doctor talking to female patient
Cervical cancer. While those two words will frighten any woman, the good news is that remarkable strides in prevention and detection have been made in recent years.
“Cervical cancer is highly preventable, and hopefully women are getting screened,” said Stephanie Piver women’s health educator at NCH Healthcare System. If you think the screening is an inconvenience, consider that according to the American Congress of Obstetricians and Gynecologists (ACOG) the use of the Pap test has reduced deaths by more than 50 percent over the past 30 years.
We also know what causes cervical cancer. “The number one cause is the human papillomavirus, or HPV,” Piver said.
“HPV is a virus that is usually passed from one person to another during sex and probably half of all sexually active people will get it at some point in their lives,” Piver said. “There is a vaccine now to prevent that infection to begin with but most of the time it goes away by itself within two years and does not cause a problem,” she explained. However, “it does not go away if your body is unable to clear the virus or if you have any kind of immune problems that would make you susceptible. It can lie dormant in the body and after many years may cause cancer.”
The HPV vaccine is highly encouraged. Both the ACOG and the American Academy of Pediatrics recommend it for teenage girls, with the aim of preventing the infection from happening. The Centers for Disease Control and Prevention recommends that girls who are 11 or 12 years old get three doses of the HPV vaccine and the same with females ages 13 to 26 who were not vaccinated earlier. If you wait until your daughter is sexually active and she has gotten HPV, the vaccine will not help. “It is a touchy decision for parents because they do not want to sound like they are endorsing sexual activity but also want to make sure they prevent the possibility of cervical cancer,” Piver said.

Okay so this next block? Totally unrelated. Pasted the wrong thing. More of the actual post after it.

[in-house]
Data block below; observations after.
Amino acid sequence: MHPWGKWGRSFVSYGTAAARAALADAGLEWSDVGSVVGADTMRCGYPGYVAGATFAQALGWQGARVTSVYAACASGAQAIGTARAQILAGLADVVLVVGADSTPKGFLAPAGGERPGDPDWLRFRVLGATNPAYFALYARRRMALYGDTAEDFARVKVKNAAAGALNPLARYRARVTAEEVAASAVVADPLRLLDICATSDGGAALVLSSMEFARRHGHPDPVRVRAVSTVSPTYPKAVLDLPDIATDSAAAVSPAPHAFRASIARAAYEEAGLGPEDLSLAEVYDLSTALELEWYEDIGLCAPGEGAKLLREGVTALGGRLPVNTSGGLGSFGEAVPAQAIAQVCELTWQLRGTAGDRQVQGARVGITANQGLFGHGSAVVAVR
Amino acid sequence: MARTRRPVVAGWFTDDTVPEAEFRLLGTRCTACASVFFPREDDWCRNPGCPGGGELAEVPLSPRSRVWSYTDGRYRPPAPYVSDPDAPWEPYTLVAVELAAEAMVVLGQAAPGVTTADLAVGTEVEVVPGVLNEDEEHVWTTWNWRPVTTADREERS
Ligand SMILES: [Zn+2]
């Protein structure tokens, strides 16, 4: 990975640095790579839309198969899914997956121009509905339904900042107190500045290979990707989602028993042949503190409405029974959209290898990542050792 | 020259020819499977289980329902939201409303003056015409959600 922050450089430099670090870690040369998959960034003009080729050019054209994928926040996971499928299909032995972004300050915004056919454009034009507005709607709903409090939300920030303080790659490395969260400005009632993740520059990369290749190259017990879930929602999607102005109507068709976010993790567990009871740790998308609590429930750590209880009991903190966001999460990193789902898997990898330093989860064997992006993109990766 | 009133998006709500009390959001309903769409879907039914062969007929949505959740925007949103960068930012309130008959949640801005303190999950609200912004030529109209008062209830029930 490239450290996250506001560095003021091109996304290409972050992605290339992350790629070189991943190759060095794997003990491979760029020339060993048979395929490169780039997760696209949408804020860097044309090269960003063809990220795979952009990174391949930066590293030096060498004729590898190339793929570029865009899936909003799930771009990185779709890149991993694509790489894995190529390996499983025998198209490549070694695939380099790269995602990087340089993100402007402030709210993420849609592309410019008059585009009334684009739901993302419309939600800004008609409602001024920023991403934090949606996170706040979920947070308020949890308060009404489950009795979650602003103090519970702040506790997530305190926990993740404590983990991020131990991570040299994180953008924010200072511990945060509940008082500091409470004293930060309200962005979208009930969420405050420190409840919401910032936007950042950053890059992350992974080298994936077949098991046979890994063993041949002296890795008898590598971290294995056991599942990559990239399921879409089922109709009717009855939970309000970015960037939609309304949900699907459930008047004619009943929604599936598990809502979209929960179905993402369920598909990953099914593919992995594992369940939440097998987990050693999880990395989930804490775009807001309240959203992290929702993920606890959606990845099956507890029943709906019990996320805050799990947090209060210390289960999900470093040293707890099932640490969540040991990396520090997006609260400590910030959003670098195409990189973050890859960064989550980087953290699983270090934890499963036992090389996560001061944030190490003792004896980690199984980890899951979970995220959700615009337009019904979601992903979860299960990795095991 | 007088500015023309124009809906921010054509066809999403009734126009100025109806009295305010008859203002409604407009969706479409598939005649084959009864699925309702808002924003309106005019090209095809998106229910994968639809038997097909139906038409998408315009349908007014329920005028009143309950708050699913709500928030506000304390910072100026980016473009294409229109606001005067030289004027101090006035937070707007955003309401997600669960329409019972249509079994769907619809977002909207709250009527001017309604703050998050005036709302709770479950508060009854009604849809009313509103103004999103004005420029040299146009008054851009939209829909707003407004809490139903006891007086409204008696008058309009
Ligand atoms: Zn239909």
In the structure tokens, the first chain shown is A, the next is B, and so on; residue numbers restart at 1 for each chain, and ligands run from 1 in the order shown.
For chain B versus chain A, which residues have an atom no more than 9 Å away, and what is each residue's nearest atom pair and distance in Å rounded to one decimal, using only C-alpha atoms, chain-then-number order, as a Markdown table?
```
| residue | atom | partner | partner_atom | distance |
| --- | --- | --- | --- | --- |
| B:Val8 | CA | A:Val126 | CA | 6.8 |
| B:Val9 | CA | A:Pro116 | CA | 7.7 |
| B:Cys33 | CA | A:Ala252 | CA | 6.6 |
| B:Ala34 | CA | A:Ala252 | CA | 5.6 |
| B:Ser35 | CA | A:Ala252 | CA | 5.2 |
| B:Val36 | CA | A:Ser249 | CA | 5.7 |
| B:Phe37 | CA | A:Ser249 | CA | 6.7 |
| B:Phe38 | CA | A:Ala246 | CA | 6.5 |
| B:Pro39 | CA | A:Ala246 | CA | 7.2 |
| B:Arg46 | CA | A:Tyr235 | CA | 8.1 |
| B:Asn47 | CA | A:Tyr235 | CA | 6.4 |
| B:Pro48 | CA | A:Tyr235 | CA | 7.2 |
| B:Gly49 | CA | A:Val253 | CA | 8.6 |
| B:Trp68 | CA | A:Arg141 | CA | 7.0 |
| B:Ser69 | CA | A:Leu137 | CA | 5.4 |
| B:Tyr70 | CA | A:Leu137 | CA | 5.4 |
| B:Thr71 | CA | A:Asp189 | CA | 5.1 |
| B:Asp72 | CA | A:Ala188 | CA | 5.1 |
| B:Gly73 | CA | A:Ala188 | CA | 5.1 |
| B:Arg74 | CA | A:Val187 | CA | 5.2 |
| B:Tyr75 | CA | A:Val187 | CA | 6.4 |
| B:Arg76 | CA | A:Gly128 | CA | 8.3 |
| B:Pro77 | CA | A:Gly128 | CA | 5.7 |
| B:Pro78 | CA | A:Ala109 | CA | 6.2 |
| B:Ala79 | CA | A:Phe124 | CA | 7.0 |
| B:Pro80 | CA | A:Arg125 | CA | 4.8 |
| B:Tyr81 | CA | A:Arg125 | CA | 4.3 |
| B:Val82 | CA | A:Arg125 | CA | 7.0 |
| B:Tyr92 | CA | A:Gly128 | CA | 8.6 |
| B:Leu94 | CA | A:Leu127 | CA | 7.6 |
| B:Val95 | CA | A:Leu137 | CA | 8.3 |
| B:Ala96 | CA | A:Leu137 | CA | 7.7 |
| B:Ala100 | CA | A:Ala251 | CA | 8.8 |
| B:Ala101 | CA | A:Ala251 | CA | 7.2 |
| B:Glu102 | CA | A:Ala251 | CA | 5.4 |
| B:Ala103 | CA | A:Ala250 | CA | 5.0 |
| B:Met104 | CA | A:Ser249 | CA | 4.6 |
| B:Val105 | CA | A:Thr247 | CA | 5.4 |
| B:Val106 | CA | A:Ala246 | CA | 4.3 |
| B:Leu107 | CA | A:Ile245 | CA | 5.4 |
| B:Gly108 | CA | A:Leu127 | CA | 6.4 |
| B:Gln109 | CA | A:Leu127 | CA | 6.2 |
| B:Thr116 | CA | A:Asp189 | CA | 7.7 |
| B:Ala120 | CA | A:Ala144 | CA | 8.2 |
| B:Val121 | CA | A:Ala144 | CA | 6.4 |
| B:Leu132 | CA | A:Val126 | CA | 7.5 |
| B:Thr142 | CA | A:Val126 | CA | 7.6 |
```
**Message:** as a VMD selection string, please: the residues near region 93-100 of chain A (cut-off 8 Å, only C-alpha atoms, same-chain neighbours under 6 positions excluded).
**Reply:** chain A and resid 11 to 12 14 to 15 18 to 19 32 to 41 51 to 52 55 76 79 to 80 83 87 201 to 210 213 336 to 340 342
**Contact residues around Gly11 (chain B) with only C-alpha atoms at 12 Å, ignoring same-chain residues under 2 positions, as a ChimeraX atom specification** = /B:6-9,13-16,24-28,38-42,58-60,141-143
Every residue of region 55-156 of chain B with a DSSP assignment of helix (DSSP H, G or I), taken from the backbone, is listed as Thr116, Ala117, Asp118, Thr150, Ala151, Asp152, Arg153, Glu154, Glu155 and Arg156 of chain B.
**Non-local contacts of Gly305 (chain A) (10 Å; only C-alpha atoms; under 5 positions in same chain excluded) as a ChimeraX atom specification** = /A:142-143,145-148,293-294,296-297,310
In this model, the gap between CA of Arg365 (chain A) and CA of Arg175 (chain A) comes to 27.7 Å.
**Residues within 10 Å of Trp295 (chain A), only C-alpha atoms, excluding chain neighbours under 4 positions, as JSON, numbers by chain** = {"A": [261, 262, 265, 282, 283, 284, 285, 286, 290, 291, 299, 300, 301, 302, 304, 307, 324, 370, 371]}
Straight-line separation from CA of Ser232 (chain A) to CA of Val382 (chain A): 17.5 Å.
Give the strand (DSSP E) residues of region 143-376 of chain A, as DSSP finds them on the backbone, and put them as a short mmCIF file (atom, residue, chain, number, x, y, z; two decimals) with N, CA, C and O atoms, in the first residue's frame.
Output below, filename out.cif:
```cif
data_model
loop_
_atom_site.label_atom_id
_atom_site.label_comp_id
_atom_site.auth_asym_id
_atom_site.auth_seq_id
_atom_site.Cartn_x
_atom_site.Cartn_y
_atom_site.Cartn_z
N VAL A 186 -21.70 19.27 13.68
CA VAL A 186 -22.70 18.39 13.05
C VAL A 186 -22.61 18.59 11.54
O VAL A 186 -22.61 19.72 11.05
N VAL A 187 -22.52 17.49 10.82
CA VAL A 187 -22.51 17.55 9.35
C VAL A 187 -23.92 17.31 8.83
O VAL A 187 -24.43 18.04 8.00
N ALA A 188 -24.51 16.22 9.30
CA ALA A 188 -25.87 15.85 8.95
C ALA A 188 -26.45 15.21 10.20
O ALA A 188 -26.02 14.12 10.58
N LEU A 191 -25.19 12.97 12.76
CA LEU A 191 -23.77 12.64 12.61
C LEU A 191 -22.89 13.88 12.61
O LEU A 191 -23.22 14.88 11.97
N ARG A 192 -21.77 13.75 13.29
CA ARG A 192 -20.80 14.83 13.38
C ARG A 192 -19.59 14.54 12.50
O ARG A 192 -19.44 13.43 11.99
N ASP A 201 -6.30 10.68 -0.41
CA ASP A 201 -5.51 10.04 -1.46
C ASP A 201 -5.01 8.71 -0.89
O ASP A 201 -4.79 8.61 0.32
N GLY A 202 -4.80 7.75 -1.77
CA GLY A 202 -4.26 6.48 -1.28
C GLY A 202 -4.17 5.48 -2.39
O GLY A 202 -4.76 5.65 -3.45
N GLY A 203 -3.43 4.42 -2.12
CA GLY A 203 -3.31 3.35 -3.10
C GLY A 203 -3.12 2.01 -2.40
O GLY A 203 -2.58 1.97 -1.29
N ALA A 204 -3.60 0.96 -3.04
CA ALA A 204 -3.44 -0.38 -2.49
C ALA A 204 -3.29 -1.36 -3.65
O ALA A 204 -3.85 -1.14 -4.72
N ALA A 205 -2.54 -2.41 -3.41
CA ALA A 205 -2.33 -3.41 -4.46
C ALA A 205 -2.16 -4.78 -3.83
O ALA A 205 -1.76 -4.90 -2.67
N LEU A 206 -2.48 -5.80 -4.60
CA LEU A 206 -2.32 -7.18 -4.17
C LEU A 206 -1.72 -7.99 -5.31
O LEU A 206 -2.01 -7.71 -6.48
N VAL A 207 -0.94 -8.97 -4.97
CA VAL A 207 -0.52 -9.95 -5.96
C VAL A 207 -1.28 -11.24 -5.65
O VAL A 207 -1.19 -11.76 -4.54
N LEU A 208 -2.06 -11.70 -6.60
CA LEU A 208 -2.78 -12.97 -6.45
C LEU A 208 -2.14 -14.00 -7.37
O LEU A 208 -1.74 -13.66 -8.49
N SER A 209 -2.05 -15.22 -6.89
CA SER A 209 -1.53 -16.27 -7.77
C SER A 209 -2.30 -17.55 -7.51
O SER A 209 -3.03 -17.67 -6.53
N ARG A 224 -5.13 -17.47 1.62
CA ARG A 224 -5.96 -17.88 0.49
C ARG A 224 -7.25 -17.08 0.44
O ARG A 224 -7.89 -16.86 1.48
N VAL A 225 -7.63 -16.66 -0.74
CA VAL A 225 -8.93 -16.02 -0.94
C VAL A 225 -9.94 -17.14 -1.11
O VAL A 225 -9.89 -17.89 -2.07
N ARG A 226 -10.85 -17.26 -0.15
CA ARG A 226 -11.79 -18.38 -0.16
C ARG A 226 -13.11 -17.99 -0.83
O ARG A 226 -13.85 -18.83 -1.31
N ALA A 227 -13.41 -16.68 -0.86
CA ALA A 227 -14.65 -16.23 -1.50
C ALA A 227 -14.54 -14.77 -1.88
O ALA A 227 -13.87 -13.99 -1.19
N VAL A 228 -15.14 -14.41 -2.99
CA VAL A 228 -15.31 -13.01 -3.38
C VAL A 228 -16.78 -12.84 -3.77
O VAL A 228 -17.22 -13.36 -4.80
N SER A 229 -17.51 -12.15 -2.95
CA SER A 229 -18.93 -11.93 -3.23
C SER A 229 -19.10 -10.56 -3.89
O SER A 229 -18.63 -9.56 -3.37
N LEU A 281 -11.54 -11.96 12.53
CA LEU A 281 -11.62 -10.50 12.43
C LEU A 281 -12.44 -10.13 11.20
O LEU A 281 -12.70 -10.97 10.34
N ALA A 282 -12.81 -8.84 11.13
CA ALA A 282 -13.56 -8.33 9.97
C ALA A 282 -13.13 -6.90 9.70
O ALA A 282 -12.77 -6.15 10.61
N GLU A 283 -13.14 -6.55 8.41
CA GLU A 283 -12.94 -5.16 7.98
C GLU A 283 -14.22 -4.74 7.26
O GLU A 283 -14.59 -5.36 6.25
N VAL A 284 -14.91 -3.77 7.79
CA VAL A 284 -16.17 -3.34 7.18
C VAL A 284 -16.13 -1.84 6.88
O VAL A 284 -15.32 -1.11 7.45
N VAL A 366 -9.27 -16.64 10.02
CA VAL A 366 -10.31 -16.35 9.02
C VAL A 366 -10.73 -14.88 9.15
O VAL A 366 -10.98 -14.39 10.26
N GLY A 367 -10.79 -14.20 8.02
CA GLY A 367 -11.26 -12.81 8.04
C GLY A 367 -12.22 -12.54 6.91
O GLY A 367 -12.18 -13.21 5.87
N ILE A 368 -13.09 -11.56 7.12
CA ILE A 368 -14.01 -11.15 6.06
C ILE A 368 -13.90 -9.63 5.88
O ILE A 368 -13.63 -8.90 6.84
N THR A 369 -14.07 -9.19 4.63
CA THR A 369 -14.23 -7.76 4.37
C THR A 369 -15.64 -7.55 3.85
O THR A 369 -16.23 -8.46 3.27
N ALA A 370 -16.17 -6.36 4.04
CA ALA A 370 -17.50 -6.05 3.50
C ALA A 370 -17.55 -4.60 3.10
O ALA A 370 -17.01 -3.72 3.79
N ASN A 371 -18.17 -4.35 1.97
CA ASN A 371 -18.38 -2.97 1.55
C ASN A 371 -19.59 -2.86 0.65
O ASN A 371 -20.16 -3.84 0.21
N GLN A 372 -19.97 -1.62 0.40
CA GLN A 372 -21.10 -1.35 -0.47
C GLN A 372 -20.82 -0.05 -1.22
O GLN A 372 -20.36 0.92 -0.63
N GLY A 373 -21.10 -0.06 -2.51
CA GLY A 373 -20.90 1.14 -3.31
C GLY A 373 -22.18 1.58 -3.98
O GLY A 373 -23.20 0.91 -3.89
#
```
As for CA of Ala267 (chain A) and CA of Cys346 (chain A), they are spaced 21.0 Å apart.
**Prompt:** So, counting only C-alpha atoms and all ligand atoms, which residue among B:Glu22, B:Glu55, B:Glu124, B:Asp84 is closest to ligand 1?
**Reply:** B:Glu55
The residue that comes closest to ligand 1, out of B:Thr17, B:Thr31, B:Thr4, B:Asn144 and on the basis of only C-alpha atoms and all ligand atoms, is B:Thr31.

The warning signs
While women with cervical cancer may be asymptomatic, there sometimes are warning signs: abnormal vaginal bleeding, spotting or discharge, bleeding after sex or signs of advanced cancer like pain, problems urinated or swollen legs. The best means of detection is the Pap test, to locate abnormal cells on the cervix. According to ACOG, sexually active women 21 through 29 and those younger than 21 who have been sexually active for at least three years need the Pap test.
Women between ages 30 and 64 who have had three or more normal annual pap tests are considered low-risk, and can be screened every two to three years. “If you are between age 65 and 70 you no longer have to have Pap smears done as long as the cytology was normal the last three times,” Piver said.
The Pap smear is part of the gynecological exam. “It is not painful; some people use a little brush, some use a little rubber spatula or little wooden scraper,” Piver said. The cell sample is put on a slide and sent off for analysis. “You should have a baseline regardless if you have had sex,” she noted. Usually results are rechecked if findings are questionable and then a plan is made.
“Depending on what is going on, they can do a procedure called a colposcopy or they can do a cone biopsy where they go in and look at a little piece of the cervix,” Piver said. The doctor and patient decide how to proceed together. “If there is a way to treat somebody who is still childbearing age without having to do extensive surgery, that is going to be the preference,” she said.
When you are proactive, you can fight cervical cancer and win. “It is not a fast-growing type of cancer so we can usually treat it in the earlier stages,” Piver said. Of course making healthy lifestyle choices does not hurt. Not smoking, limiting the number of sexual partners and using condoms during sex all help it decrease the likelihood of transmitting HPV.
Having an open relationship with your healthcare provider is also a big help. Cervical cancer should be taken seriously but should not scare you. According to ACOG, the cure rate for cervical cancer is more than 90% when discovered early.
Jamie Lober, author of Pink Power (www.getpinkpower.com), provides information on women’s and pediatric health topics. She can be reached at email@example.com.